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Stanley Kubrick: The Exhibition, Design Museum review - immersive detail | reviews, news & interviews

Stanley Kubrick: The Exhibition, Design Museum review - immersive detail

Stanley Kubrick: The Exhibition, Design Museum review - immersive detail

Concentrated archive show reveals the prodigious ferment of a film imagination

A centrifugal moment: '2001: A Space Odyssey'© Warner Bros. Entertainment Inc.

Who would have known that the word “Kubrickian” only entered the Oxford English Dictionary last year? You’d have thought that one of the great film directors of the 20th century would have earned his own epithet long ago. It’s taken a long time, too, for Stanley Kubrick: The Exhibition to reach his adopted homeland, and its current berth at London’s Design Museum – so long, in fact, that you might almost begin to wonder about prophets unhonoured and all that: the show opened originally in Frankfurt in 2004 and has been travelling the world, in one iteration or another, more or less ever since.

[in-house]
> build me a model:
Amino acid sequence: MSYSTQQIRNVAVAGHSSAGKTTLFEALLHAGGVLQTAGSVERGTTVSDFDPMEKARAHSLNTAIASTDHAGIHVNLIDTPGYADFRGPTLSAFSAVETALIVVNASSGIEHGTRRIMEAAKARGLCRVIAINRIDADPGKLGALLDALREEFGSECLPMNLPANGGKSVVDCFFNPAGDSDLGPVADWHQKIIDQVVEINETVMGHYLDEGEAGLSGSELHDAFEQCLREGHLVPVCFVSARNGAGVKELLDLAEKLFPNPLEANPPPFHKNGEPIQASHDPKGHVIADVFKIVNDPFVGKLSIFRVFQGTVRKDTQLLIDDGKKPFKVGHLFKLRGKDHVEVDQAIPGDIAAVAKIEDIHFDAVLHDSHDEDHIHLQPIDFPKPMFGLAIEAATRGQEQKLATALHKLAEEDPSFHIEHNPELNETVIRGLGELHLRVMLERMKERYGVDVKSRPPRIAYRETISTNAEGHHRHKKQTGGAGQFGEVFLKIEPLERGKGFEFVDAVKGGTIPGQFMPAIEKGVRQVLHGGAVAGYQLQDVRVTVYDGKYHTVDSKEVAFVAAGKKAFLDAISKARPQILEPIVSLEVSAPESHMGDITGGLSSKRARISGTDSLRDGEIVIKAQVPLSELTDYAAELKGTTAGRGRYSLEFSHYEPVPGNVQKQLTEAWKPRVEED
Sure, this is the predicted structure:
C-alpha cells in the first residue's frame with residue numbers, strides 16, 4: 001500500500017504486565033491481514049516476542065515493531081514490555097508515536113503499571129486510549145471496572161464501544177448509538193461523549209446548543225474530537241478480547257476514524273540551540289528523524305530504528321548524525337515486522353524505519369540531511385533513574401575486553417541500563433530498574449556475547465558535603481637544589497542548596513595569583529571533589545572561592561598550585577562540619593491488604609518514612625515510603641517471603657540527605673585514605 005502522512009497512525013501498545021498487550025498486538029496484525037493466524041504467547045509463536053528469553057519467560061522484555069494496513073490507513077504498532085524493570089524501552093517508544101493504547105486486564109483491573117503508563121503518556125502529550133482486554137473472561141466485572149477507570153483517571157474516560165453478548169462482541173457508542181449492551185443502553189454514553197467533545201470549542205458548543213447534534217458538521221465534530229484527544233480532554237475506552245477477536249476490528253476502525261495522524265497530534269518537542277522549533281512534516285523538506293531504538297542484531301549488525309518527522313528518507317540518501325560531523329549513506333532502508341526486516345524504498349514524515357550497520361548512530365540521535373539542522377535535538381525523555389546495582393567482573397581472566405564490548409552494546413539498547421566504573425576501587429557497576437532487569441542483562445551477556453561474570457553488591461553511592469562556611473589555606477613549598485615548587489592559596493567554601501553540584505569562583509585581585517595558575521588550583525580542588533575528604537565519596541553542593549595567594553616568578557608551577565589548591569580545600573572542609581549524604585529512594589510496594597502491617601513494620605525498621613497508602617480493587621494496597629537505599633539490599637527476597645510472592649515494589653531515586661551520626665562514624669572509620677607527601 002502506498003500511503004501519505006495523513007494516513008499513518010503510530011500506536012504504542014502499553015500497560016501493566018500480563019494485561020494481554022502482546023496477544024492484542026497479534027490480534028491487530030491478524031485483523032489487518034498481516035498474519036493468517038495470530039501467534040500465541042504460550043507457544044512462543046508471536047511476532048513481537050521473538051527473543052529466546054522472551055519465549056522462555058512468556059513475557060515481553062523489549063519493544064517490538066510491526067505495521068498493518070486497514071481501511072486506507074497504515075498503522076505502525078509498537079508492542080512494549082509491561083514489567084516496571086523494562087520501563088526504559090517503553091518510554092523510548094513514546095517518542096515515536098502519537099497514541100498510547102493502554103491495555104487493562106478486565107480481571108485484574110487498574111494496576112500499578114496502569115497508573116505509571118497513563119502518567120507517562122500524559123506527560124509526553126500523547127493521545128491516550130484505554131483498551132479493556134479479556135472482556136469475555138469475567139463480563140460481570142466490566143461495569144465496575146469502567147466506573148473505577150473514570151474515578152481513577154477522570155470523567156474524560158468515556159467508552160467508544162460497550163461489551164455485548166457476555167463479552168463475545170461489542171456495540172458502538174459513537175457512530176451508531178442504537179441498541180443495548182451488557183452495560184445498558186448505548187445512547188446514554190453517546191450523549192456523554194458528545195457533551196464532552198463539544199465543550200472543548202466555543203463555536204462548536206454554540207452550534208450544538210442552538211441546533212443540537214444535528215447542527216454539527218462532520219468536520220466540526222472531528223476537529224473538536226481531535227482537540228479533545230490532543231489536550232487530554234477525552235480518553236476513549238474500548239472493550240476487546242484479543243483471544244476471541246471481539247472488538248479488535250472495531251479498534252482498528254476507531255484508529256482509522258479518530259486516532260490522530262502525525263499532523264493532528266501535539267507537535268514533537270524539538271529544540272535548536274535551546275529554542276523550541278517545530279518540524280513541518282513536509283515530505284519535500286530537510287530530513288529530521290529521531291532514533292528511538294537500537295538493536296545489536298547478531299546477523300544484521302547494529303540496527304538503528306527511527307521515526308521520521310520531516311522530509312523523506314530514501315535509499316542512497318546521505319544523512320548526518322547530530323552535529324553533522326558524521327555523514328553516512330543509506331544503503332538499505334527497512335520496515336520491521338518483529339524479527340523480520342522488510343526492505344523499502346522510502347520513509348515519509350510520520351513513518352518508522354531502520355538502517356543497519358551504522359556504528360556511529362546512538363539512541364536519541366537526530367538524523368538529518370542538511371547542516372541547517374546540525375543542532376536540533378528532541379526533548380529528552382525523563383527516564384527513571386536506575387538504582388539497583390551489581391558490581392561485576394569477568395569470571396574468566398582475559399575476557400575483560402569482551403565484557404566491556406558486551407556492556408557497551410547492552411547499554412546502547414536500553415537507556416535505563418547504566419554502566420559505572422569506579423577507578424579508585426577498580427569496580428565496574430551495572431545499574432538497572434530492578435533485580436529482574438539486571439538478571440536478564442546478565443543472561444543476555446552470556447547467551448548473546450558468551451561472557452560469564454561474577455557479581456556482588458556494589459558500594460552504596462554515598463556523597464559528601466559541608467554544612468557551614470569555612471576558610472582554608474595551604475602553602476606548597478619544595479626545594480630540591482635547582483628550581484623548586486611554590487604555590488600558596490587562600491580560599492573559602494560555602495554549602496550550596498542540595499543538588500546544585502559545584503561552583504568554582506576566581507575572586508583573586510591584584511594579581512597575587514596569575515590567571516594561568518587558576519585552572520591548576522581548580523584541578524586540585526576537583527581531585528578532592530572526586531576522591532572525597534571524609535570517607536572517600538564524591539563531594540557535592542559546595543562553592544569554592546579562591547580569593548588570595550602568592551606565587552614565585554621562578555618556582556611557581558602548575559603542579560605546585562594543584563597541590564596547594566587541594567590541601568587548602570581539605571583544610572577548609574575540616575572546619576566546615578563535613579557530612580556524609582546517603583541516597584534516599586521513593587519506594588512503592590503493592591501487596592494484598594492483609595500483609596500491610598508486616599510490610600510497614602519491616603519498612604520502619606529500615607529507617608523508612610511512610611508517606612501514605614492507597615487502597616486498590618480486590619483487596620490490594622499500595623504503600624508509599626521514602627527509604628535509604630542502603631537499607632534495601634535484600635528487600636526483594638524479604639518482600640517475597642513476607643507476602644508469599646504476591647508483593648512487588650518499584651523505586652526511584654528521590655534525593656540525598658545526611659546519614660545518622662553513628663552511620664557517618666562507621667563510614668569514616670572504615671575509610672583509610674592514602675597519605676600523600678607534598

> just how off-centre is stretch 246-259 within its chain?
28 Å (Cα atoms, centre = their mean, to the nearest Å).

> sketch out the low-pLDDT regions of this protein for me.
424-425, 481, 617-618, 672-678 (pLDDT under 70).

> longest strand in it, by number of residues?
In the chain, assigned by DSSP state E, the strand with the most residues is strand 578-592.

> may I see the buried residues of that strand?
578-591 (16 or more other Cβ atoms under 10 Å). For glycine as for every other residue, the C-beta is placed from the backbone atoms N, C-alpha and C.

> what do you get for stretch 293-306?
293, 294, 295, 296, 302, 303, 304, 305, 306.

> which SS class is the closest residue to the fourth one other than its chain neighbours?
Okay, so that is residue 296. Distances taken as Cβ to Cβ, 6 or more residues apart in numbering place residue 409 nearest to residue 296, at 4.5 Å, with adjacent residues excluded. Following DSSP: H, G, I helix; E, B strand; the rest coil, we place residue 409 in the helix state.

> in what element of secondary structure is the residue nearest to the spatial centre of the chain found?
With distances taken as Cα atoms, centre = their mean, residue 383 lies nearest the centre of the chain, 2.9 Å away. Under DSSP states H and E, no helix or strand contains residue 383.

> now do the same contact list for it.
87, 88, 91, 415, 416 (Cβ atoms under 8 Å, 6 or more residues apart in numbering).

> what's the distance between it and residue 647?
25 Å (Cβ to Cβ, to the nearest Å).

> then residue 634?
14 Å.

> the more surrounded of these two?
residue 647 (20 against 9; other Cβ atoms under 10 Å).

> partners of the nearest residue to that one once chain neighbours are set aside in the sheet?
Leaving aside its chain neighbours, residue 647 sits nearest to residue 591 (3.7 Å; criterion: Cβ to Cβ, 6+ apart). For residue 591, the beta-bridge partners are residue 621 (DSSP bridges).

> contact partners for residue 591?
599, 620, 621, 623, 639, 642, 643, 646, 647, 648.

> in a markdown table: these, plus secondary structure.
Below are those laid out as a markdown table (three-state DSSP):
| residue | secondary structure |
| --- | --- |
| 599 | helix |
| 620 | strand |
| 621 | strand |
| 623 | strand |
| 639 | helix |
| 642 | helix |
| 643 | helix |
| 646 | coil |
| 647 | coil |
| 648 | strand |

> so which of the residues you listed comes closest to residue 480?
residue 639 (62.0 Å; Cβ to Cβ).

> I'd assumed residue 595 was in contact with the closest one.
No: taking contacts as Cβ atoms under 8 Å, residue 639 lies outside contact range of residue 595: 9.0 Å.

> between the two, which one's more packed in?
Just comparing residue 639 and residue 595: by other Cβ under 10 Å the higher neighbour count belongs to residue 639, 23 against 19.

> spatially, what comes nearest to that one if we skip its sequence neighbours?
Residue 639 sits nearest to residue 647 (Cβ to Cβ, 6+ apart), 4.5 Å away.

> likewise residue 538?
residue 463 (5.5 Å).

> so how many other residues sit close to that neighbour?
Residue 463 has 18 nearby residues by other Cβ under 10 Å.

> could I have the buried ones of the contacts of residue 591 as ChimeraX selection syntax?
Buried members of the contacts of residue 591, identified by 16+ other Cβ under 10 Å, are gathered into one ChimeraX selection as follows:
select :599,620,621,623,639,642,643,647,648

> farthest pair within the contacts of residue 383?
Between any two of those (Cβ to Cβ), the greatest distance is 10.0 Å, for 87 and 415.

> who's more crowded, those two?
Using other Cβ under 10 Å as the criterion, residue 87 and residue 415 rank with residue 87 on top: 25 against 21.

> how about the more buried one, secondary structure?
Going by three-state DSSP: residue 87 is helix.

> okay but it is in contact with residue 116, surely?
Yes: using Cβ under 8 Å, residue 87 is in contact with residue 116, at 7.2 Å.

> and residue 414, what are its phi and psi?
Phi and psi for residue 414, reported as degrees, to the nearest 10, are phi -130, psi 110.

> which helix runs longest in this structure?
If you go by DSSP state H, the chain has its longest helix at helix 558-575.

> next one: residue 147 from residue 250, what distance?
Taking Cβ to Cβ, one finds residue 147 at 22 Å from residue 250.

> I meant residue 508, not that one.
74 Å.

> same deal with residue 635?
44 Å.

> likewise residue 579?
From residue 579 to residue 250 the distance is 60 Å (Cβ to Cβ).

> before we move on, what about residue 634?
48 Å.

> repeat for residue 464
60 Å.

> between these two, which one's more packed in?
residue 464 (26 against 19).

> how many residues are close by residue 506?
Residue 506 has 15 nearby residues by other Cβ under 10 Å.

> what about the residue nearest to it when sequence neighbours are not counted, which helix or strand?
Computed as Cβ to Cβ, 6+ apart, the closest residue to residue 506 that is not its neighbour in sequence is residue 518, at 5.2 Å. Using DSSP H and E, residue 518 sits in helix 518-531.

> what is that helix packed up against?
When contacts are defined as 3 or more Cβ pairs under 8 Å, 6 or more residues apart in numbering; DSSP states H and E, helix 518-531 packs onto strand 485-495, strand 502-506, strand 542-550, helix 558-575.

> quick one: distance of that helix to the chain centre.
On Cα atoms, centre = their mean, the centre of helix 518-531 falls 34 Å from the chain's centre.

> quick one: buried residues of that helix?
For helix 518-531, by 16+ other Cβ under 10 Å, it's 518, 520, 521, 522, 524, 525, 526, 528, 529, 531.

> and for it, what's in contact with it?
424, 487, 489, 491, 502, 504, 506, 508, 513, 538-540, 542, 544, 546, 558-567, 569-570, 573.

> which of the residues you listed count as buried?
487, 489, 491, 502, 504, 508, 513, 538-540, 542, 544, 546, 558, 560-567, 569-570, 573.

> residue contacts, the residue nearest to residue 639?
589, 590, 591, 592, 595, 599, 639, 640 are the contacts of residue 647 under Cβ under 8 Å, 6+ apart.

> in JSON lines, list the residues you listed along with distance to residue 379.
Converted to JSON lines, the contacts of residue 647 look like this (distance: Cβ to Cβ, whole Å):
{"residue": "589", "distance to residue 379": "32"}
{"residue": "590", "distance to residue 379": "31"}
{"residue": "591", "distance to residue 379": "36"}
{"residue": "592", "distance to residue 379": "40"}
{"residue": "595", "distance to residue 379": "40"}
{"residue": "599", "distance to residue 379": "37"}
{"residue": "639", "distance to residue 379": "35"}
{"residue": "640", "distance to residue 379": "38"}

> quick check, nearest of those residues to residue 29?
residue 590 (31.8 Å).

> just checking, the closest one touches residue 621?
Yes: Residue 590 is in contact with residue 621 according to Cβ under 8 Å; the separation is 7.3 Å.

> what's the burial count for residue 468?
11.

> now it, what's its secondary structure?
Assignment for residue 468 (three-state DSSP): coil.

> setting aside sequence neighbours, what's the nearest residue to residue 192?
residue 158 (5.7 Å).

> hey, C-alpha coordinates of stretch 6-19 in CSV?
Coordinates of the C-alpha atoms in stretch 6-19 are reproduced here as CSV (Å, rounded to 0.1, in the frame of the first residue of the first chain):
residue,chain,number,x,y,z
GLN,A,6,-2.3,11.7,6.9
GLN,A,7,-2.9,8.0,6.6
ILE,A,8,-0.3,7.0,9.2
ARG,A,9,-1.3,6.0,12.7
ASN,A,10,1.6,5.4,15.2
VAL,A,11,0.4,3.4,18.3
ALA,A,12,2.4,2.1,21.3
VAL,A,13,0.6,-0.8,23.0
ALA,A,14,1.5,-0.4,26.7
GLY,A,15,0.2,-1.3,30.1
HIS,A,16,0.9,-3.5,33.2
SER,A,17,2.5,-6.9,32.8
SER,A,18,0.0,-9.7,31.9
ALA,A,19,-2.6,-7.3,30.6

Was it worth the wait? Unquestionably. That OED definition mentioned “meticulous perfectionism, mastery of the technical aspects of film-making, and atmospheric visual style in films across a range of genres” as among the Kubrick attributes, and any visitor, no matter how well (or how little) they know the films, will come away with a much expanded insight into the director’s working life – how he functioned, how his ideas developed – from an experience that is genuinely immersive. If you’re determined to read every label here, to give proper attention to every clip, plan on it taking about as long to get round Stanley Kubrick: The Exhibition as you would devote to his blockbuster Spartacus (which comes in at a whopping 197 minutes).Full Metal Jacket - setDoes it catch the quintessence of the cinema itself? Inevitably not. It’s like Kubrick said of his greatest unrealised film project, the Napoleon biopic that would have been bigger than anything else he made, “It’s impossible to tell you what I’m going to do except to say that I expect to make the best movie ever made.” The telling – the almost limitless content, the boundless elucidation that the enormous Kubrick archive, only a tiny fraction of which is here, offers – can only go so far. Nothing original in saying that, of course: for the rest, you (re)visit the films (the current BFI retrospective offers a good place to start). (Pictured above, Matthew Modine and Stanley Kubrick on the set of Full Metal Jacket: the Hue scenes were shot at Beckton Gasworks in Newham)